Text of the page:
We are brilliant fiction writers. Whether or not we ever put words to an actual page, we're writing stories all day every day in our minds without even realizing it. This is a good news, bad news situation.

The good news: Our ability to create fictional stories about everyone and everything is a wonder of the human mind. We can use our imaginations to do good in the world: to solve problems, entertain, and empathize.

The bad news: Much of the time, the fictional stories we write are incomplete at best and harmful and untrue at worst. These stories we write can lead us astray in our relationships, which can lead to ample suffering. They can also nudge us toward making lots of false judgments.

I've just completed a six-week "Introduction to Meditation" class at the Rochester Meditation Center. The course has been one of the more impactful learning experiences of my life, and that is not an exaggeration. Especially helpful is how the course has empowered me to develop a new, healthier relationship with what's happening in my cranium from the moment I wake up until the moment I go to sleep.

All day long, our brains keep us occupied with thoughts and feelings. These thoughts and feelings are not inherently "bad," but they do tend to be all-consuming. They are based on our individual perceptions of reality, and we use them to write stories and draw conclusions.

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We're always filling in the blanks of our stories with our imaginations. It's a mostly unconscious process until we become aware of it. Awareness is the process of becoming conscious of the reality that all day long we are thinking and feeling. Human beings have a bonus feature called consciousness that enables us to notice our thoughts and feelings taking place! Awareness is a good and beautiful thing! It enables us to recognize that we are so much more than what we think and feel in any given moment.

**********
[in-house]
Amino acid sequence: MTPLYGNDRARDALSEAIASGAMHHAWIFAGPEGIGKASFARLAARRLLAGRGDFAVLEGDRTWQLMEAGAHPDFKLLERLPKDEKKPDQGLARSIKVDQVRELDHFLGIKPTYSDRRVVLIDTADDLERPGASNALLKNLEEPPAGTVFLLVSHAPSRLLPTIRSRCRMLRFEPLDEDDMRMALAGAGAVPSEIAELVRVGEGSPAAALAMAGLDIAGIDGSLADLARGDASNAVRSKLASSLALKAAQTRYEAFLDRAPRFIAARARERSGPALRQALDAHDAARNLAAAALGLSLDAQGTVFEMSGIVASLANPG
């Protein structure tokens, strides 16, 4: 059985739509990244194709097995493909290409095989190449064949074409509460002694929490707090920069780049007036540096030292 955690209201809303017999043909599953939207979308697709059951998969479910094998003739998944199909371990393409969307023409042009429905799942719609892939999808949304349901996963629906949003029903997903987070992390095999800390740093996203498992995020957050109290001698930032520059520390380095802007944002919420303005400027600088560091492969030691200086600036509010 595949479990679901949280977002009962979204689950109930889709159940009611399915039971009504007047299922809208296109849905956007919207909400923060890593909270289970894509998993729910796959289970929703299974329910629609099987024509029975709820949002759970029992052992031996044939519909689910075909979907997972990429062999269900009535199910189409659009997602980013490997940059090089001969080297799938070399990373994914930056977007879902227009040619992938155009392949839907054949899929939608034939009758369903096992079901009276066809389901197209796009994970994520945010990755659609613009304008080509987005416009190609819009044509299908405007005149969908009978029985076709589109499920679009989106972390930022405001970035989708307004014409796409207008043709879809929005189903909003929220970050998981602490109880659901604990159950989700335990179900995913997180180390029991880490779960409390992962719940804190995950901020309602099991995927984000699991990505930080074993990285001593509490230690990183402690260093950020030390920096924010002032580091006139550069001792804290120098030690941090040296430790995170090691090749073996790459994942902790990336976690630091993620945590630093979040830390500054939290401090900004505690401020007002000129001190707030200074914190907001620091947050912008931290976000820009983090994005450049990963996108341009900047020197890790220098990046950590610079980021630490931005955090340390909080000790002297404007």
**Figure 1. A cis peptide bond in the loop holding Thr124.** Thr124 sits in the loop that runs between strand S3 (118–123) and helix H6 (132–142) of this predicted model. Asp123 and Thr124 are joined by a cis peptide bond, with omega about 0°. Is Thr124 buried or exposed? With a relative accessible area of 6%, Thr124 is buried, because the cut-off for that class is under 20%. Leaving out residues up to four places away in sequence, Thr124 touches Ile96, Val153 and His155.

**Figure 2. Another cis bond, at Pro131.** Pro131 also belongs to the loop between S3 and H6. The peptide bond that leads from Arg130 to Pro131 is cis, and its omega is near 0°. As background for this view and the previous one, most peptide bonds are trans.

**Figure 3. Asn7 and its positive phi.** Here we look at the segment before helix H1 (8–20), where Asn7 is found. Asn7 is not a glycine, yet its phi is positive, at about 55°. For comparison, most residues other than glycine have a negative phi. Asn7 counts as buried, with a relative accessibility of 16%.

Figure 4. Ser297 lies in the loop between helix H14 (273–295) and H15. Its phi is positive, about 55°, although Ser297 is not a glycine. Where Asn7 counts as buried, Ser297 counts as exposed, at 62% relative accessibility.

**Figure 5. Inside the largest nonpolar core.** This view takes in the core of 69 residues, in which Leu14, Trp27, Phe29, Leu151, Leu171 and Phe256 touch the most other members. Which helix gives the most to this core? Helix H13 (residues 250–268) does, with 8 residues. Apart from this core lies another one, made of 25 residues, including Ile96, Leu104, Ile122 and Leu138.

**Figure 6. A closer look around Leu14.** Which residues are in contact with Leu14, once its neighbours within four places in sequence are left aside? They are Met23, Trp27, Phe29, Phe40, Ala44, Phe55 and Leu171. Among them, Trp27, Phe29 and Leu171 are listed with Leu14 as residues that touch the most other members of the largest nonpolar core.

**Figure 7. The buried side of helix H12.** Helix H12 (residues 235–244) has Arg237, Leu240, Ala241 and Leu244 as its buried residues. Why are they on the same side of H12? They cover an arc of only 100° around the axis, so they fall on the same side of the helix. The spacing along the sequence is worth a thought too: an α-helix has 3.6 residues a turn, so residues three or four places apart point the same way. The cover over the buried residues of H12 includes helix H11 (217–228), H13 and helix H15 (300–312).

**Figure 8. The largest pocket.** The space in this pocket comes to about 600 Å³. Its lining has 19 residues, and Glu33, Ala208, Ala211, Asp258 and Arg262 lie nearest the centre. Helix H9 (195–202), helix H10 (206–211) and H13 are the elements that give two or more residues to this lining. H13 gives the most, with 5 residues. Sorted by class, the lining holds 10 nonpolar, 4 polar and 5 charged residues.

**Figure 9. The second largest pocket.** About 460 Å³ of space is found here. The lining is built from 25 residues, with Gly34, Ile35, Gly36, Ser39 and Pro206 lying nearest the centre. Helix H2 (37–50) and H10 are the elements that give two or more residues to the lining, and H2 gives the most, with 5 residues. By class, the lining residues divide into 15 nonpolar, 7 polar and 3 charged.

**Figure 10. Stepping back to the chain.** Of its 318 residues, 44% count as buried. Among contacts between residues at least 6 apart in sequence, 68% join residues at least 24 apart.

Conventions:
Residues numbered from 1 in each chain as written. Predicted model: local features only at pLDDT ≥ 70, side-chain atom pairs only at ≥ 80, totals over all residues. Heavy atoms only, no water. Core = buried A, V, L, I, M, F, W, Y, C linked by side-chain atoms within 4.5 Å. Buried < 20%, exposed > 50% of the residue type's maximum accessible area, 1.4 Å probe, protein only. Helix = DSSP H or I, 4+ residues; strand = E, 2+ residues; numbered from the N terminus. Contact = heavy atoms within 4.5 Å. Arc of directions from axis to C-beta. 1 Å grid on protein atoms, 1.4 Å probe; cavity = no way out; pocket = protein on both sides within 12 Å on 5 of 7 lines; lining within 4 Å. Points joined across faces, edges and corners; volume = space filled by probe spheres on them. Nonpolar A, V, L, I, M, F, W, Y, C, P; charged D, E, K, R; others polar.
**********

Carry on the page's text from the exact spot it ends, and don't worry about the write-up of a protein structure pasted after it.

When we see or interact with another person, our brains often immediately try to put labels and judgments on the experience. They aren't always negative, but sometimes they are. We learn about a person's religion or job or political affiliation, and then our brains set about creatively filling in the rest of the blanks. Or someone interacts with us in a way we find unsettling, and we immediately write the story of why it happened and how awful the other person is for being such a bonehead.

If left in unawareness, we tend to categorize everything and everyone. Again, it's mostly an unconscious process. Nice. Mean. Loud. Bossy. Rude. Good. Bad. Naive. Extreme. Awful. Wealthy. Poor. Positive. Negative. Young. Old. Straight. Gay. Our thoughts will go on and on writing a fictional story about everyone we meet and everything we experience.

We all know the feeling of making a snap judgement about some person or event and then later discovering we were totally wrong. This happens to all of us (regularly)! It's an opportunity to practice awareness. When we're able to suspend the need to write stories and make judgments, then we're making real progress.

It takes an intentional slowing down of these automatic fiction-writing processes in order to live a more conscious, compassionate life. I fiercely believe the world needs more of us to commit to tapping into our collective loving kindness.

The truth is that we never know as much as we think we know about anything or anyone. We tend to write all kinds of stories about people's motivations, attitudes and choices, but we do it without ever knowing the totality of the lived experiences of those people. Usually we know a sliver of a sliver of a sliver of the story of another person; it's a total waste of time to draw any judgments or write any stories based on such a small piece of the pie.

May we all have the courage to step away from our fictional stories and toward a life of compassionate awareness.